K. W. Rumsey, who lived across the street at 501 W. Highland Drive in the former Clise family home,[1] had purchased the Kerry Residence in June of 1938 as an investment property.  The fire happened as Rumsey and his son burned some trash in a fireplace while preparing the house for a Halloween party.  In the Seattle Daily Times article, Rumsey said the fire didn’t do enough damage to cancel the party!

Wanting to protect his investment, Rumsey expeditiously rebuilt the roof without dormers, essentially condemning the spaces on the third floor.  Based on the photographs from the Seattle Daily Times, I’m speculating that Rumsey abandoned the third floor.  Without access to the city’s microfilm permit record and without photographic evidence, I couldn’t be sure that Rumsey kept the dormers to the bedrooms on the south elevation since I couldn’t imagine him discarding the great views to Elliott Bay and Mount Rainier.  The photograph of the rear shown above that I took on April 6, 2022, from Prospect Street appears to prove me right.  The dormers are there, but as it turned out they too are reconstructions like the ones on the street side of the house.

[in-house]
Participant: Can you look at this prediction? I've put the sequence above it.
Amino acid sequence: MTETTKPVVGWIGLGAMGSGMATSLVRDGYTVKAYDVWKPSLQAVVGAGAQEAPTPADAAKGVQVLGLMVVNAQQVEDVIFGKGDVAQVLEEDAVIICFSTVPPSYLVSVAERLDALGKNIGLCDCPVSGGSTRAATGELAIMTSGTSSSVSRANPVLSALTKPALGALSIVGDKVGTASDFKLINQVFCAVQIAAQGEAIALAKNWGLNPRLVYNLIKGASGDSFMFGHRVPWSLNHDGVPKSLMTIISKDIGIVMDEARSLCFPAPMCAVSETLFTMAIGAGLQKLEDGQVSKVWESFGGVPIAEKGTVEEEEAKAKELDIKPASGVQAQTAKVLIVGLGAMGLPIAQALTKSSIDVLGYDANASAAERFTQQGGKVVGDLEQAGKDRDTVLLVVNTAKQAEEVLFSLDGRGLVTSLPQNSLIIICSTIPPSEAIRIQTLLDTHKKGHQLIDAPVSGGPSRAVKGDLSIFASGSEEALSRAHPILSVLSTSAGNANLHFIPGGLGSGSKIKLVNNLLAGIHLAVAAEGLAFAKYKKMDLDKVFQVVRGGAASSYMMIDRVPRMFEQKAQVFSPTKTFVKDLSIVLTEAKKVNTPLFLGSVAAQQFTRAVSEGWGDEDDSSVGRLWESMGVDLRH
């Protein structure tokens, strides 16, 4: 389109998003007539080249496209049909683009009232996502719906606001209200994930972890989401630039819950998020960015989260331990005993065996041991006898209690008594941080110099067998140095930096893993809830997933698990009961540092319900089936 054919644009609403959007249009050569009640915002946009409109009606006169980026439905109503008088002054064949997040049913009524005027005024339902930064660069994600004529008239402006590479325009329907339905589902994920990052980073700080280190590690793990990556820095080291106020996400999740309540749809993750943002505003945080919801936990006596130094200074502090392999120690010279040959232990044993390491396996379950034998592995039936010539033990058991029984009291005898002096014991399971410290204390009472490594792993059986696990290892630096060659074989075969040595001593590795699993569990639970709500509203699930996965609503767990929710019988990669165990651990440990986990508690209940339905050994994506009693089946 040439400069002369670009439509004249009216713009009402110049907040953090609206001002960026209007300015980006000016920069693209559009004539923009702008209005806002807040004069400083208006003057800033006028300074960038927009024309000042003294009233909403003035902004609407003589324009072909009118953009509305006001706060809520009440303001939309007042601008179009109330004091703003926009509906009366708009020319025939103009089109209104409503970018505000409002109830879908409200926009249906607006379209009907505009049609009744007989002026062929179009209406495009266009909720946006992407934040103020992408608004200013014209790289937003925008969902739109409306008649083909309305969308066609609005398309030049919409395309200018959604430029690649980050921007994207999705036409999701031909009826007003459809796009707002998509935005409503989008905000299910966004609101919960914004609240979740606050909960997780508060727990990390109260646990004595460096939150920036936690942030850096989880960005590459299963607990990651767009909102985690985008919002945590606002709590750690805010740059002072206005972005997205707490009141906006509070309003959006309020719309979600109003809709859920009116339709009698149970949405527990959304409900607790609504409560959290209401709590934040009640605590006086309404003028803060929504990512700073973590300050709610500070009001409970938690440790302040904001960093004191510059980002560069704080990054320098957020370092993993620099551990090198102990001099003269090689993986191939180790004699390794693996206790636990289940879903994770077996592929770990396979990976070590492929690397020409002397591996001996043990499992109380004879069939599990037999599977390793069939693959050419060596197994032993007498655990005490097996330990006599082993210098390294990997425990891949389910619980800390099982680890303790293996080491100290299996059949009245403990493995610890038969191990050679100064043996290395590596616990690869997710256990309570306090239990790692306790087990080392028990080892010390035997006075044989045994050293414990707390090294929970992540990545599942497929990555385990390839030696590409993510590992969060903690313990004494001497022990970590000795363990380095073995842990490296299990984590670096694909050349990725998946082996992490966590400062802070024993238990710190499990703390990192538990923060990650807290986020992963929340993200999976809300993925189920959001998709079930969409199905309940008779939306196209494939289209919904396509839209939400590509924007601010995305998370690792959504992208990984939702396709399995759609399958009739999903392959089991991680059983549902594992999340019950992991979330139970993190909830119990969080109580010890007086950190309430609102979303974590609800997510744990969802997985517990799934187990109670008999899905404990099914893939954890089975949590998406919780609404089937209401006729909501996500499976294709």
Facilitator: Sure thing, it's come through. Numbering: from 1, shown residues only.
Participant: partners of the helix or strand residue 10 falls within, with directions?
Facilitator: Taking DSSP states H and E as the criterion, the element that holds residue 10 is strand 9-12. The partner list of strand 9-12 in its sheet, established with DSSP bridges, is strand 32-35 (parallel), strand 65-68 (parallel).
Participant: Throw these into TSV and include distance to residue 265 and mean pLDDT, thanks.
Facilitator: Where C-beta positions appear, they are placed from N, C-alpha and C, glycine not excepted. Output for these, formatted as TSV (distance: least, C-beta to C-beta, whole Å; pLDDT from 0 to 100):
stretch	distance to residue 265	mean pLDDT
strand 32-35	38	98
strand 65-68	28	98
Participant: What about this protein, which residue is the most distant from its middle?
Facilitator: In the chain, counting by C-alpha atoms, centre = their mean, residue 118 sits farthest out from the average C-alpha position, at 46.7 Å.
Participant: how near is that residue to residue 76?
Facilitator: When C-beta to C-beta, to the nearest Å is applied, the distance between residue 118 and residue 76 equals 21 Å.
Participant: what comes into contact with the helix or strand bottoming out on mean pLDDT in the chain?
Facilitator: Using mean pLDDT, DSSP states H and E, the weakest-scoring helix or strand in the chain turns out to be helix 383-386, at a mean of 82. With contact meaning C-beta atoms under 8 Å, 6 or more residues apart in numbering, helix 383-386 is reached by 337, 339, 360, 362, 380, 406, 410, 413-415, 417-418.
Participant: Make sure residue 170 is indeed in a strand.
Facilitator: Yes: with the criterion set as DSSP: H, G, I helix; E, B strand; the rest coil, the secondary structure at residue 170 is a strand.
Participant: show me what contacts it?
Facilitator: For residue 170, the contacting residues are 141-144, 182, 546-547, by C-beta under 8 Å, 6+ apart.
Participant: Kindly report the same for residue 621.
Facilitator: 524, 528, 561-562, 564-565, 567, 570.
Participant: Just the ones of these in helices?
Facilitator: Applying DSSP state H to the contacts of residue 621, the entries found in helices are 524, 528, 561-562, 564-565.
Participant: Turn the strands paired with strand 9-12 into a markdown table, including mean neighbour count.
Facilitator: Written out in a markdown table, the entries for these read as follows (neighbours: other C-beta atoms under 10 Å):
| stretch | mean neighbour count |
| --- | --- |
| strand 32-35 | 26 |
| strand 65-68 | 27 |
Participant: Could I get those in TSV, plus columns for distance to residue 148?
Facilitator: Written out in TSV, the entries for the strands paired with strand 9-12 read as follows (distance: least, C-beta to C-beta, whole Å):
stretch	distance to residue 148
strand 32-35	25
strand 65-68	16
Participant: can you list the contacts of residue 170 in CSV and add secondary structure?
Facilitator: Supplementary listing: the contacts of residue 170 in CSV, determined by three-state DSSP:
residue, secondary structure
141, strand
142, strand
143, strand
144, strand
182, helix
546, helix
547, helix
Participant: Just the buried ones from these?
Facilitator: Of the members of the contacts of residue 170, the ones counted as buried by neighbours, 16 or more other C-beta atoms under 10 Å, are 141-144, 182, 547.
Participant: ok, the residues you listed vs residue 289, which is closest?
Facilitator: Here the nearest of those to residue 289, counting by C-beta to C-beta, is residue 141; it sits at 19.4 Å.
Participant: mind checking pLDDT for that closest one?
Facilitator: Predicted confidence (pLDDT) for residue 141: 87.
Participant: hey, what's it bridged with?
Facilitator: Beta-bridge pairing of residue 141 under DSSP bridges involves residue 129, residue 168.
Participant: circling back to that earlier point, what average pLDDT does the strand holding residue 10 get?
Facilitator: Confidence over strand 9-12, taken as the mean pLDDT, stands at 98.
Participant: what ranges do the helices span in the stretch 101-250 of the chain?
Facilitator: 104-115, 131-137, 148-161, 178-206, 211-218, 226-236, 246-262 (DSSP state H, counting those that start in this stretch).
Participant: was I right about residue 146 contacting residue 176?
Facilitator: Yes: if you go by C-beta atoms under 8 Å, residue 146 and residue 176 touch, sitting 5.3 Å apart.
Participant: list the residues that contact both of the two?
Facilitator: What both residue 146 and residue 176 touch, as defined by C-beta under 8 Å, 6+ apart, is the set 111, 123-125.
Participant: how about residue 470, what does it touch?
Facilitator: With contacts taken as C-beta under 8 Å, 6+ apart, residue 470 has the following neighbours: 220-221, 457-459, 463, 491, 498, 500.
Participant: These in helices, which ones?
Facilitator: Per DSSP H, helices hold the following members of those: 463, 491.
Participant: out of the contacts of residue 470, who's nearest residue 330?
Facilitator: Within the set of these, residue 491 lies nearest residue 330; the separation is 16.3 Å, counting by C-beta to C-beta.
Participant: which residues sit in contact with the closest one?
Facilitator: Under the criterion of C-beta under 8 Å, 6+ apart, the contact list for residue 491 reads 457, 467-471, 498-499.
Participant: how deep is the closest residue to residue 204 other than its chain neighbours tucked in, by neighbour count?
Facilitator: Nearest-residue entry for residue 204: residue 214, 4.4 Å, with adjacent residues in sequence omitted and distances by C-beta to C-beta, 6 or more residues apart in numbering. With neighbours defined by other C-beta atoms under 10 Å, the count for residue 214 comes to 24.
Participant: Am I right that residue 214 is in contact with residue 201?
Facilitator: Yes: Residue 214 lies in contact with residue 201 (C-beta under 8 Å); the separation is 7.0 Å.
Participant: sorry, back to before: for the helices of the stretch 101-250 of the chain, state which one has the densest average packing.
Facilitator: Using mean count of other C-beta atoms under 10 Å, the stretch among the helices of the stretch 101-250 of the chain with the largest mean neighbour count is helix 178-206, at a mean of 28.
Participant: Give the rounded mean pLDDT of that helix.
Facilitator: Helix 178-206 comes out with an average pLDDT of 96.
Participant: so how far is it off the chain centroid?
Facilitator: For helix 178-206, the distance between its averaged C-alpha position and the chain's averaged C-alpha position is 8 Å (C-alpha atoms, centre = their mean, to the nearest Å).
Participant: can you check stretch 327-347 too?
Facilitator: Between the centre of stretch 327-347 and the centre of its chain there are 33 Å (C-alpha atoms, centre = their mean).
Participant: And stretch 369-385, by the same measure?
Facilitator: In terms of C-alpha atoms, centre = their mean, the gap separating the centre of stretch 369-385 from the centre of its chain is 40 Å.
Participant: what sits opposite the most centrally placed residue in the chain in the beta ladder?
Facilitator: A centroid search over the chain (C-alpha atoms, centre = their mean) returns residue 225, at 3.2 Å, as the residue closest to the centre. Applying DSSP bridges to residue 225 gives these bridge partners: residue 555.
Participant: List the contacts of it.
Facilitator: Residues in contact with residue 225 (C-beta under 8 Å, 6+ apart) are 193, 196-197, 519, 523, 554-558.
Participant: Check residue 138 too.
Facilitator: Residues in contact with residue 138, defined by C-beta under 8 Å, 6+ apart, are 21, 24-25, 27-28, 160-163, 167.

My additional research using the online files of the city’s Department of Construction and Inspections turned up a weird coincidence.  Alissa Rupp, FAIA, one of my former employees and now a friend of 30 years, signed the 1995 building permit for New York firm of Paul Segal Associates Architecture.  She put me back in touch with Peter Rees, AIA, who ran the firm’s Seattle office.  Rees oversaw the addition of the second story over the garage where guest suite was created for the family of Gerard Schwarz, the musical director of the Seattle Symphony from 1985 to 2011.  The permit and Paul Dorpat’s photograph from 1975 proved me unexpectedly right to be critical of Jones’s guide.  Rumsey did not add the second story to the garage in 1938.  Gerry and Jody Schwarz did in 1995!